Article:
Tuesday October 16, 2012 This homecoming story is about high stakes
Updated: 2:05pm, October 17
Updated: 2:05pm, October 17
GAINESVILLE, Fla. -- The Florida Gators began their historic run of four straight Southeastern Conference championships in September 1993.
Jeff Driskel was four months old.
UF’s sophomore quarterback, like most of his teammates, have little or no recollection of Steve Spurrier leading the Gators to their first national championship in 1996, and maybe only faint mental images of the Florida icon roaming the sidelines and sailing his orange and blue visor through the 2001 season.
“I think I was more worried about cartoons at that time,” Driskel said Monday. “But you see the film of him being a Gator coach and you see his visor and stuff like that.”
Like the statue situated between fellow Heisman Trophy winners Tim Tebow and Danny Wuerffel outside Florida Field, for example. That would be the same Florida Field that Spurrier decided 20 years ago to nickname “The Swamp.”
“He’s a legend in Gainesville,” nose guard Omar Hunter said.
It kind of took.
No one can question the imprint Spurrier left on his alma mater, but truth be told, the novelty of facing the beloved “head ball coach” who changed everything about Florida has pretty much worn off.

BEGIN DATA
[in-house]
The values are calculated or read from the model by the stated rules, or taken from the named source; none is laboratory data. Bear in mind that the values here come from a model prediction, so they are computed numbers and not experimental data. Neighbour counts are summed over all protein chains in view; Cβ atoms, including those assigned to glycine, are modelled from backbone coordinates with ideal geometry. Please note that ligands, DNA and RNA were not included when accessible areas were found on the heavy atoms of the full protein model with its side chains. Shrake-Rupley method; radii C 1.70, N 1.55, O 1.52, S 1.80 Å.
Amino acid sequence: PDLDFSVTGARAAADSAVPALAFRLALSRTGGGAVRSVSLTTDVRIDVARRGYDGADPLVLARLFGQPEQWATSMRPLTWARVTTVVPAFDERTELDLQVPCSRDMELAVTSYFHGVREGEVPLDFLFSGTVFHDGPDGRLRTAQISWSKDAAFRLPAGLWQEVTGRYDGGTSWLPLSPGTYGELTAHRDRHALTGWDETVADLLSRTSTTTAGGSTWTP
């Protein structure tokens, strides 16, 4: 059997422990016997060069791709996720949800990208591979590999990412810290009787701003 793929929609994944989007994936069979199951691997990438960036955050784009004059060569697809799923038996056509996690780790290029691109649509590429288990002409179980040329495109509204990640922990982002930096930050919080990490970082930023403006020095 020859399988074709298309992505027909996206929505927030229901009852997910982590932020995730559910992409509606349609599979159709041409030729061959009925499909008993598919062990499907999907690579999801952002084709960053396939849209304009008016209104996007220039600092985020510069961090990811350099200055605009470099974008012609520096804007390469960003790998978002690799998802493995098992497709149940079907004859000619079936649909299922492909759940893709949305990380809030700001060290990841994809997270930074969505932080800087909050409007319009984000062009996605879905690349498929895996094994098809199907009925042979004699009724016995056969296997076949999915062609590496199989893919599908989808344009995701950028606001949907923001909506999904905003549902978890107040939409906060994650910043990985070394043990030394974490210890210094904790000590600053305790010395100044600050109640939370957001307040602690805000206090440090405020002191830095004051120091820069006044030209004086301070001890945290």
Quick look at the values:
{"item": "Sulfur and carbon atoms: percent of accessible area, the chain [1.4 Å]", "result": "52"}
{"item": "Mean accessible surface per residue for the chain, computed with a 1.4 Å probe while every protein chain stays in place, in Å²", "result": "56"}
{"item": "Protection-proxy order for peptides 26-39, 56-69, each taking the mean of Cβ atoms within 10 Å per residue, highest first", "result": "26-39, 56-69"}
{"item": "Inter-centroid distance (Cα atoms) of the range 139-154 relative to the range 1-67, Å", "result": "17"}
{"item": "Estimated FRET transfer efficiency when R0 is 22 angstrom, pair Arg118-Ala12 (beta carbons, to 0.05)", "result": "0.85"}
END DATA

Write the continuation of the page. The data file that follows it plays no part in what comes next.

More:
When No. 3 Florida (6-0, 5-0) clashes with No. 9 South Carolina (6-1, 4-1) at the Swamp, the big story -- and really, the only story for these coaches and players -- will be how the winner for the sold-out showdown will control its destiny for the Southeastern Conference Eastern Division title.
Think about it: Spurrier is in his seventh season coaching the Gamecocks. That’s more than halfway to the 12 seasons he coached the Gators to a school-record 122 wins from 1990-2001.
"I know a lot of people, they like him around here,” senior linebacker Jon Bostic said.
No question, but no one needs Pew Research or Gallup to determine who UF fans will be more vested in come Saturday at 3:30 p.m.
“At the end the day, we're about winning championships on and off the field here at Florida -- and it's another step to Atlanta,” Florida coach Will Muschamp said of the game. “That's the way I look at it.”
But even Muschamp knows where the thirst for those championships began.
And he -- like Urban Meyer before him -- is appropriately respectful of the culture Spurrier put in place for a program that for decades was more famous for underachievement than accomplishment.
In 1990, Florida football changed forever.
“You look at six SEC titles and the 1990 season had the best record in the SEC, [the ’96] national championship, and really put Florida on the map as far as winning championships in football,” Muschamp said. “I’ve asked him before why it didn’t happen before and he never gives me a good reason, but he just did a phenomenal job here as the head football coach. He’s a guy that’s very well respected and a guy that I’ve got a tremendous amount of respect for.”